The North Carolina Work First Program's third quarterly report analyzing administrative data examined patterns of welfare participation, employment, earnings, and other key outcomes among families who enter and leave the Work First program, and persons who receive Diversion Assistance. The findings show that families in the AFDC entry cohort were more likely to be still on assistance 36 months after going on welfare compared to families in the Work First entry cohort. Data suggest that the Work First program has had far less impact on child only cases than on other cases. For all entry cohorts, the length of stay on welfare was longer for persons without a work history, persons without a work history and a high school diploma, families that were younger, African American, and living in large cities. Fewer families in the Work First, compared to the AFDC, exit cohorts returned to cash assistance in the follow up study period. No major differences were found between the exit cohorts in employment rates, which seemed to be more influenced by seasonal factors. All cohorts showed evidence of earning progression after leaving welfare, controlling for seasonal variations.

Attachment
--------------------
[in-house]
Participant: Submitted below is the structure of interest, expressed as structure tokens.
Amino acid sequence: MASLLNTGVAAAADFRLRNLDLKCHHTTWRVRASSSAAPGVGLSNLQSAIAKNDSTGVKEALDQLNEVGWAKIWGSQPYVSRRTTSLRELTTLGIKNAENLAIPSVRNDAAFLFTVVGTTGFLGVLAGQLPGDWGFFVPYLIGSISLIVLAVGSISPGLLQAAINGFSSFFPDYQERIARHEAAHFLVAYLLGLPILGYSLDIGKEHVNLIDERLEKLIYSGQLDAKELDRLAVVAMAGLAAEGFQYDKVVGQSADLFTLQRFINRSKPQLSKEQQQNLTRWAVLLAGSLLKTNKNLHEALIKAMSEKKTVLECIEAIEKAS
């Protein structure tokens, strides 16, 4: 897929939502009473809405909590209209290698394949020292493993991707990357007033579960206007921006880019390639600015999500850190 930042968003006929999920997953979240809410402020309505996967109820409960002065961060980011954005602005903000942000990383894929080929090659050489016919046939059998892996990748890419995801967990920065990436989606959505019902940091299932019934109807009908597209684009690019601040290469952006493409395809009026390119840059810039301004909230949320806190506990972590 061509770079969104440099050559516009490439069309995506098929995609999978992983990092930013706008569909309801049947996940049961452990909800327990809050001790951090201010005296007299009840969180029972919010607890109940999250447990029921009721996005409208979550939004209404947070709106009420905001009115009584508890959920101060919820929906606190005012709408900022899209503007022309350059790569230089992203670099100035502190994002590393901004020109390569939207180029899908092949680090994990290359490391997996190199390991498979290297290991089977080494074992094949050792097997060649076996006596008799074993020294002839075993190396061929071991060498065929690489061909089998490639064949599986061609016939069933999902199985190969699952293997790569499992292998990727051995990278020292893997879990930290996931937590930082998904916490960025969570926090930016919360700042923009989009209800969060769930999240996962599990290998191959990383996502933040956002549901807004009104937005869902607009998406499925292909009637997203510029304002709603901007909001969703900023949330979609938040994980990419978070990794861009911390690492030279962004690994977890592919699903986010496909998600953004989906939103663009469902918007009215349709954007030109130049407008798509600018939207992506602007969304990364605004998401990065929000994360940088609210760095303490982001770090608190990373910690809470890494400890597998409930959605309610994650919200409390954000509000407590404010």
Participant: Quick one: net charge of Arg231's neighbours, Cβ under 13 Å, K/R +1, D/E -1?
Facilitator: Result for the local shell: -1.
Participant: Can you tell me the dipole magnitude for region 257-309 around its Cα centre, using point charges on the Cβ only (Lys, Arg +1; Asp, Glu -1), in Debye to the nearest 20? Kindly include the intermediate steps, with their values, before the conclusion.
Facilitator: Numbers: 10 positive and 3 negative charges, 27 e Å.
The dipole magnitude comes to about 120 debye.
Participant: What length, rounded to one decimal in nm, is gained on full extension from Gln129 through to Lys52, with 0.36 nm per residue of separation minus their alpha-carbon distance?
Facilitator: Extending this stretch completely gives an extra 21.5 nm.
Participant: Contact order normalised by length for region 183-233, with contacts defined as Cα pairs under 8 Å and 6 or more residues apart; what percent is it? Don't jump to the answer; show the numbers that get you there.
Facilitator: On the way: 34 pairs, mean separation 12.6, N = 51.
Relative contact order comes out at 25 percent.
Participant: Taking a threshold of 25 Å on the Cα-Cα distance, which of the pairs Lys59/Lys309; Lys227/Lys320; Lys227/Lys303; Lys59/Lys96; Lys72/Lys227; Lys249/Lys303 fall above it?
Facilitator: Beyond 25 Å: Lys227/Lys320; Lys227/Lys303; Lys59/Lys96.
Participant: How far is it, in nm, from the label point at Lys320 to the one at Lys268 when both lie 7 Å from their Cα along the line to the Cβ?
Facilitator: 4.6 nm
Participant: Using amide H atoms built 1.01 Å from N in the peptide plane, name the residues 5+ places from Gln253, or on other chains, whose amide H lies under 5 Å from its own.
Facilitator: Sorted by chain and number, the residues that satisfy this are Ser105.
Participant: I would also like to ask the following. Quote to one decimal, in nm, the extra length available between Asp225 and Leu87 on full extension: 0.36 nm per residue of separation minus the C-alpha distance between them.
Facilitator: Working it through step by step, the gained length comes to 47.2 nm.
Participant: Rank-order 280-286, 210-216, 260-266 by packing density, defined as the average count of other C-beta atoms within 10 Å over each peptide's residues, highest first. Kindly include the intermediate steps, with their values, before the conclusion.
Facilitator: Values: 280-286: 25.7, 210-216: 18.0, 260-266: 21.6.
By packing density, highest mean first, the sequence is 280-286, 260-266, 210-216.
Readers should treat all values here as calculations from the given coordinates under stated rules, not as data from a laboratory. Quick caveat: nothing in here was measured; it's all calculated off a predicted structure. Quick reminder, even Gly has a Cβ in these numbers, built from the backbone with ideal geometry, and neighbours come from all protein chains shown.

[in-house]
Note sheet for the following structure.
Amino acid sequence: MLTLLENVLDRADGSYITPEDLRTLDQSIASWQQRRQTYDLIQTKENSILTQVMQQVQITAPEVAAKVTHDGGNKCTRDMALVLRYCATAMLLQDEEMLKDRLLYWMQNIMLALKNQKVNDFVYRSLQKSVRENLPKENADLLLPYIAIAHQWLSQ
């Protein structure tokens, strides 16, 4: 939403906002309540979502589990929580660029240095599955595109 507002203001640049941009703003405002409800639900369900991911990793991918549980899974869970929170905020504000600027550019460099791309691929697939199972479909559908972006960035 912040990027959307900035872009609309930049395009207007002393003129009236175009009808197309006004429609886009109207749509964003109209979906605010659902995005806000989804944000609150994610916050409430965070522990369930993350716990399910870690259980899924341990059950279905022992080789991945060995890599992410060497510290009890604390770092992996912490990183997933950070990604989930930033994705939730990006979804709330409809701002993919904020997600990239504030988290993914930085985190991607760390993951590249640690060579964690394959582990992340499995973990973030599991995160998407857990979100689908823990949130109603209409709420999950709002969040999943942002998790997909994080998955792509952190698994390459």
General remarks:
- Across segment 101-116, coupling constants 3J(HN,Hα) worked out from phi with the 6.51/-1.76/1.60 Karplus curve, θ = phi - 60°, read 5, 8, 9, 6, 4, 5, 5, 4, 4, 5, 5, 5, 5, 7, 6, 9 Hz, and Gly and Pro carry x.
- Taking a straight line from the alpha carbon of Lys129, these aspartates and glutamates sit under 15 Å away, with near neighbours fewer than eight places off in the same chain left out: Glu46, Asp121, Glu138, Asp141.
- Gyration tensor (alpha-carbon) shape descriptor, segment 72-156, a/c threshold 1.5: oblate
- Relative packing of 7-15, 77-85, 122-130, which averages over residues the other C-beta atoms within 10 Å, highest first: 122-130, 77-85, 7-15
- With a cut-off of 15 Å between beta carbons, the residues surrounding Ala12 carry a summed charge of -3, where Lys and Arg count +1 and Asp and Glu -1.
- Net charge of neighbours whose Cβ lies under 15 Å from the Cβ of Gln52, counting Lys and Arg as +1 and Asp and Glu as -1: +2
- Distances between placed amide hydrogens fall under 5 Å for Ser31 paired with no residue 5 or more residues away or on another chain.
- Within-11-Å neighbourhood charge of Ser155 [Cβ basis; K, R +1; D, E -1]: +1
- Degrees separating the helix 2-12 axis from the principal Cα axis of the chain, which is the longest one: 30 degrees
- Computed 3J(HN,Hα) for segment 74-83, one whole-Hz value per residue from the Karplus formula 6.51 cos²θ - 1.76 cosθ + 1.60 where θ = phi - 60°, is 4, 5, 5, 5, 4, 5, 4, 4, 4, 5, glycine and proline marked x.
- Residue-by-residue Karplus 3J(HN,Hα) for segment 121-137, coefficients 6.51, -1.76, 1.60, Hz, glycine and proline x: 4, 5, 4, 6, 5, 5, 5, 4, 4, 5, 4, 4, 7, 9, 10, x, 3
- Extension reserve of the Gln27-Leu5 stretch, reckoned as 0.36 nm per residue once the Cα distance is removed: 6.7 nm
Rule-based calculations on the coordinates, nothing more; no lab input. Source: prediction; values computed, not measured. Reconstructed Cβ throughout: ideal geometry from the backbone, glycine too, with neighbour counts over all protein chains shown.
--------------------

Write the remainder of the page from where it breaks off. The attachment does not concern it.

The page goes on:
AGENCY SPONSOR: Office of Planning, Research and Evaluation
FEDERAL CONTACT: Girley Wright, 202-401-5070
PIC ID: 6829.3
PERFORMER: NC Deptartment of Health and Human Services, Raleigh, NC